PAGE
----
remote developer / technical writer living in Vietnam
How I Started
TopTal is an agency that matches freelancing IT workers with clients. Most of the work is remote, which gives them an advantage for those of us who either live abroad or have had our fill of open offices, cubicles, commutes, methodologies and interruptions. I signed up with TopTal because of this and had several good placements.
I had taught myself iOS and sold several of my applications on the Apple store. None sold very well; a few were picked up as recommendations in their categories and those made me coffee money but none of the ones I expected to sell well did so. I’m not a marketeer and didn’t have tens of thousands of dollars to spend on promotion. But those submissions served as a portfolio and I had several clients through TopTal writing iPhone applications. These went well.
TopTal checked in with me occasionally and I got paid, though my deposits came an unreasonable three weeks after the period of my timesheet. They gave me implausible excuses for this.
Then I had my first bad client and saw the company from a new light.
TopTal places all kinds of Top Talent but most of it is in information technology. So going to their site one would expect to see pictures of people sitting with laptops and appearing focused on their work. Instead you see pictures of people smiling at the camera, no work in sight. Everyone is smiling, and one might think they were marketing fashion models. It does not look professional; it looks commercial.
How It Works
TopTal posts jobs and seeks applicants. Sometime we freelancers can select the jobs, sometimes TopTal’s “matchers” contact us to recommend we apply for open jobs. There is a skill-matching that highlights the job description requirements and the freelancer’s listed skills, but it is not well done.
Qualified applicants (more on this later) are submitted to clients and if it is to proceed (in TopTal parlance, “move forward”) then there is an interview and a two week trial engagement. We file timesheets and if the client decides not to continue the engagement the freelancer is paid half what he has earned at hourly rate. This seems reasonable.
What is not reasonable, not at all reasonable, is that TopTal’s markup is not the 20–30% I was accustomed to as dash-trash at Microsoft. TopTal marks up a full 100%; if I am getting paid $50 per hour the client is billed $100 per hour. We are not supposed to know this, but one of my clients told me how much he was paying by way of expressing his dissatisfaction with the pace of my work.
This is not only excessive but it starts the relationship on a bad footing; at these rates the client is not content with merely excellent work but has superhuman expectations, he expects miracles. Literally.
First Bad Signs
In 2015 I took a job through TopTal with a client in Croatia writing applications for credit card scanners. These were made by a Chinese company called PAX and they are universal here in Vietnam. The tools and software for developing PAX application are like going back 30 years. They are terrible; setting up a debugging session requires eight manual steps and four times out of five it simply doesn’t work, and even when it does it unaccountably stops working very soon. What would have taken an hour in a reliable IDE could take three days with PAX software, and their English documentation left out a lot of important information.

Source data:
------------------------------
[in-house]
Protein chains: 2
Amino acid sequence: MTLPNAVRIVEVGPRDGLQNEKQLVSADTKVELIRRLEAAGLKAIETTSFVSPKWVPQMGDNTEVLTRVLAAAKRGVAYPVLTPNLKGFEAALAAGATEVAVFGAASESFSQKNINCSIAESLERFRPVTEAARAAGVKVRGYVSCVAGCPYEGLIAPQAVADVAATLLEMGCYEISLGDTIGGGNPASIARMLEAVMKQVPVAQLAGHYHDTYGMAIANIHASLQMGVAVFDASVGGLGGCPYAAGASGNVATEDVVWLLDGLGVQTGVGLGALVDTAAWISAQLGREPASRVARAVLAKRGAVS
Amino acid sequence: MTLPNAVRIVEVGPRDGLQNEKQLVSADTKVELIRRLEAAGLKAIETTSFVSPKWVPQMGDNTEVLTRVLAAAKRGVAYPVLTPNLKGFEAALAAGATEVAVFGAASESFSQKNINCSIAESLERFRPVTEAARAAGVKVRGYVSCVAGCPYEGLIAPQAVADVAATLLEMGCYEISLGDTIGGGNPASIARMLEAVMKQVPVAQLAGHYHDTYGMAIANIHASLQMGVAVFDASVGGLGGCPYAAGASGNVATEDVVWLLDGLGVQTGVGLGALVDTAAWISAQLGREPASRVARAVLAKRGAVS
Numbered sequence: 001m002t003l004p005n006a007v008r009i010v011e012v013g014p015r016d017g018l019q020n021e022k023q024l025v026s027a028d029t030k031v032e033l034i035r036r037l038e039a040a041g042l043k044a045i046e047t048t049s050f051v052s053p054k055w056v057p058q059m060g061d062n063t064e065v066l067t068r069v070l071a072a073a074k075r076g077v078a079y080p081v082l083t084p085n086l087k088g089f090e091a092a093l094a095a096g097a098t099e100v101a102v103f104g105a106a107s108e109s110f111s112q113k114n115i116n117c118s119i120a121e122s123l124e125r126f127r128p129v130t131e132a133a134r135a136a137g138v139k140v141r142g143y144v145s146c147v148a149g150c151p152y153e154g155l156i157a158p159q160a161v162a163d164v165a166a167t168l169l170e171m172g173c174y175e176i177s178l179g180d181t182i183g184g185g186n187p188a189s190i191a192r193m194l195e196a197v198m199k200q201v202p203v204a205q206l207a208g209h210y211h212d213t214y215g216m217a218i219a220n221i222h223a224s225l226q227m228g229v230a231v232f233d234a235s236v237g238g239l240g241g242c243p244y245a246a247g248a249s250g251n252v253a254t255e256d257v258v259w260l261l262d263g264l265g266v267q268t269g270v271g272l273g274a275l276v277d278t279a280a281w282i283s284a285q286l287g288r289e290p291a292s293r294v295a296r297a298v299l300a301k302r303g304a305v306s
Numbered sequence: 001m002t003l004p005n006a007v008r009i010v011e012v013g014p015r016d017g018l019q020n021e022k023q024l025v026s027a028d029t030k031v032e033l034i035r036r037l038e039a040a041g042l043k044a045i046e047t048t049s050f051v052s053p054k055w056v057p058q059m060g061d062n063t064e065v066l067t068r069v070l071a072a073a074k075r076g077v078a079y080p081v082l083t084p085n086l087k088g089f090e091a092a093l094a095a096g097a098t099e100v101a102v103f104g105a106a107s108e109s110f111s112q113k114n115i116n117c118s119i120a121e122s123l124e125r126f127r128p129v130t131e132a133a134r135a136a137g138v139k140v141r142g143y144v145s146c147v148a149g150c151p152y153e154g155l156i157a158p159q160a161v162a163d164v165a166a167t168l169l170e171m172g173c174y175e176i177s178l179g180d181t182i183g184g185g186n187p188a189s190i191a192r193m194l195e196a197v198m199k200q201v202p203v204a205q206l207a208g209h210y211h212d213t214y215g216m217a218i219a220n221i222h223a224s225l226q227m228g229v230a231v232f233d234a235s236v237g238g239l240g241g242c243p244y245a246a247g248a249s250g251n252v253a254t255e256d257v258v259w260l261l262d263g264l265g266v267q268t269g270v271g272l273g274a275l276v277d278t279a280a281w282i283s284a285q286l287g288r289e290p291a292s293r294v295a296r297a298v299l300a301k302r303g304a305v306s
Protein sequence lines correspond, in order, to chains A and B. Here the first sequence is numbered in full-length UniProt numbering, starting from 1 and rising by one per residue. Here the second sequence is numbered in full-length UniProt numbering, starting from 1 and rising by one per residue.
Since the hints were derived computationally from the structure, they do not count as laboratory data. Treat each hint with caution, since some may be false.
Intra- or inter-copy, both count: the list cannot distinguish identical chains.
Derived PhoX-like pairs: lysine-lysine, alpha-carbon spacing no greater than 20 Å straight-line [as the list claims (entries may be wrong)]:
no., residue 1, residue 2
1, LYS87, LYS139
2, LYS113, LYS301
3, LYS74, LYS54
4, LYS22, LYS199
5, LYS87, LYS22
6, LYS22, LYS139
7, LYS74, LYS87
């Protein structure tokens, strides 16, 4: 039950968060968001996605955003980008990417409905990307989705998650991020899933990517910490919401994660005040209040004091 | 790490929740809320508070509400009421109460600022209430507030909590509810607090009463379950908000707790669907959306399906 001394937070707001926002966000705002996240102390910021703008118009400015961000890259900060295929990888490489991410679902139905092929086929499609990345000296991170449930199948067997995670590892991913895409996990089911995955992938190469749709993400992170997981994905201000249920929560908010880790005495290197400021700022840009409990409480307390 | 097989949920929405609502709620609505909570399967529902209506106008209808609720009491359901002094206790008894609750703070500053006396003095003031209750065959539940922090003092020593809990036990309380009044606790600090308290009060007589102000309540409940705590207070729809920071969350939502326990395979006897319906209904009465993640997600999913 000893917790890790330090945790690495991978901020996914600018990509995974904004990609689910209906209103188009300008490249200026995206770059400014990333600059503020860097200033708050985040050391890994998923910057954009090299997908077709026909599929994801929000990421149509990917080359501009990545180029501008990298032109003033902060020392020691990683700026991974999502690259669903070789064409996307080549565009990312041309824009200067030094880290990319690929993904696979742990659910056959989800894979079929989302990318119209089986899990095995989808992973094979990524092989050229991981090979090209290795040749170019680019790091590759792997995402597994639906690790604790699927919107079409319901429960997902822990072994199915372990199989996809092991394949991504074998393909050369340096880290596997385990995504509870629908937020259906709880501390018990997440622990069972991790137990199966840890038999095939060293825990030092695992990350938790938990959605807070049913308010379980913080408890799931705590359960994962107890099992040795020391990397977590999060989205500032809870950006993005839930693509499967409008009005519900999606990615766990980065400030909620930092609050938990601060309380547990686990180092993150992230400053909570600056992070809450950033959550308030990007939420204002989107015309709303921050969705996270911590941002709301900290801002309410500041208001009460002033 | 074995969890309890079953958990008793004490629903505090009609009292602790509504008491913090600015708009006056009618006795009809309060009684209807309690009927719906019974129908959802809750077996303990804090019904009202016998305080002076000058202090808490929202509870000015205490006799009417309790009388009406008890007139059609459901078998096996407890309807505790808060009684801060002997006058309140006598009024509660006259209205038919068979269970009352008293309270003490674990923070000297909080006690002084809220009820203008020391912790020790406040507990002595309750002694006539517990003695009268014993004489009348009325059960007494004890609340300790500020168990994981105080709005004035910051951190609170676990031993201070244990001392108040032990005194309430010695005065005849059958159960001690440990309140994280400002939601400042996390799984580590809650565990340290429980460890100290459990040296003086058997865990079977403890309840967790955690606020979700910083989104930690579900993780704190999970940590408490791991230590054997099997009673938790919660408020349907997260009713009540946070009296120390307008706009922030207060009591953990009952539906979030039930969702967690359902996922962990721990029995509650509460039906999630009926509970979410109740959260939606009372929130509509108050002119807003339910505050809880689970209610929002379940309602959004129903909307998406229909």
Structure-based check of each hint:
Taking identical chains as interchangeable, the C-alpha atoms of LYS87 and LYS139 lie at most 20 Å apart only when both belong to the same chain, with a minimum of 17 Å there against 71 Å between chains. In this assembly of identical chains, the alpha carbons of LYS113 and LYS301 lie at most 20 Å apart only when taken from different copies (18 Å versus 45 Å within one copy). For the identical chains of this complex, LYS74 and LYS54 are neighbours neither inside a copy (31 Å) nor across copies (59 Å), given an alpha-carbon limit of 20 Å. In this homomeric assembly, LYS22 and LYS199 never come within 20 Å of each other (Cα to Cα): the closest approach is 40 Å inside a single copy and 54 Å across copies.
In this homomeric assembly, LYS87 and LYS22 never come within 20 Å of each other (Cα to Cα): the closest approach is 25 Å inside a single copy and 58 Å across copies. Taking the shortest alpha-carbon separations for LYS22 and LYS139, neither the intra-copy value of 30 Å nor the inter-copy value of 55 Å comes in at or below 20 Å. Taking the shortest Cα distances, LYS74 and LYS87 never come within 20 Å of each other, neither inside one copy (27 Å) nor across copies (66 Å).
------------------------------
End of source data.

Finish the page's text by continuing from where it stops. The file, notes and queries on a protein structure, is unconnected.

Making progress was a tiresome slog and since this client was paying TopTal twice what TopTal was paying me they quickly became impatient and adversarial. Then I would get something working and we would be cordial again, and it was during one of the nasty times that I learned about the 100% markup.
TopTal was only slightly helpful at this time and clearly sided with the client in all disagreements.
Things Go Bad
Then came the month when after waiting the inexplicable three weeks I was not paid. The money never showed up in my account. I contacted my TopTal liaison (we used Skype back then) and he informed me that the client had not paid yet. They had not seen fit to tell me this.
The client said that he had paid.
One of them was lying. TopTal wasn’t very interested in pursuing this, and in the end I was never paid for 160 hours that had seen a lot of progress and the change from SSL to TLS. Nobody at TopTal contested that I had worked the hours, and they had made a lot of profit from me but they never paid me, and just didn’t care.
I don’t remember if I was paid again but the relationship with the client deteriorated and they started making threats and giving ultimatums; I told them where they could stick their threats and quit the contract. I was also disgusted with TopTal and forgot about them for over three years.
The Return and the End
I had server work for a California startup for almost three years. I was writing in ASP.NET and C#. But a newly hired tech lead was an incompetent and a liar and both we developers left the company. I decided to see if TopTal had gotten any better.
I contacted both my former liaisons on Skype; neither was working there anymore. And they were very close-mouthed about why. Reviews on Glassdoor spoke of some big management shakeup and a huge turnover in staff.
I quickly landed a gig as a technical writer and this time things went very well. From application to hire in 48 hours. Months of work beginning with a good knowledge transfer, good times.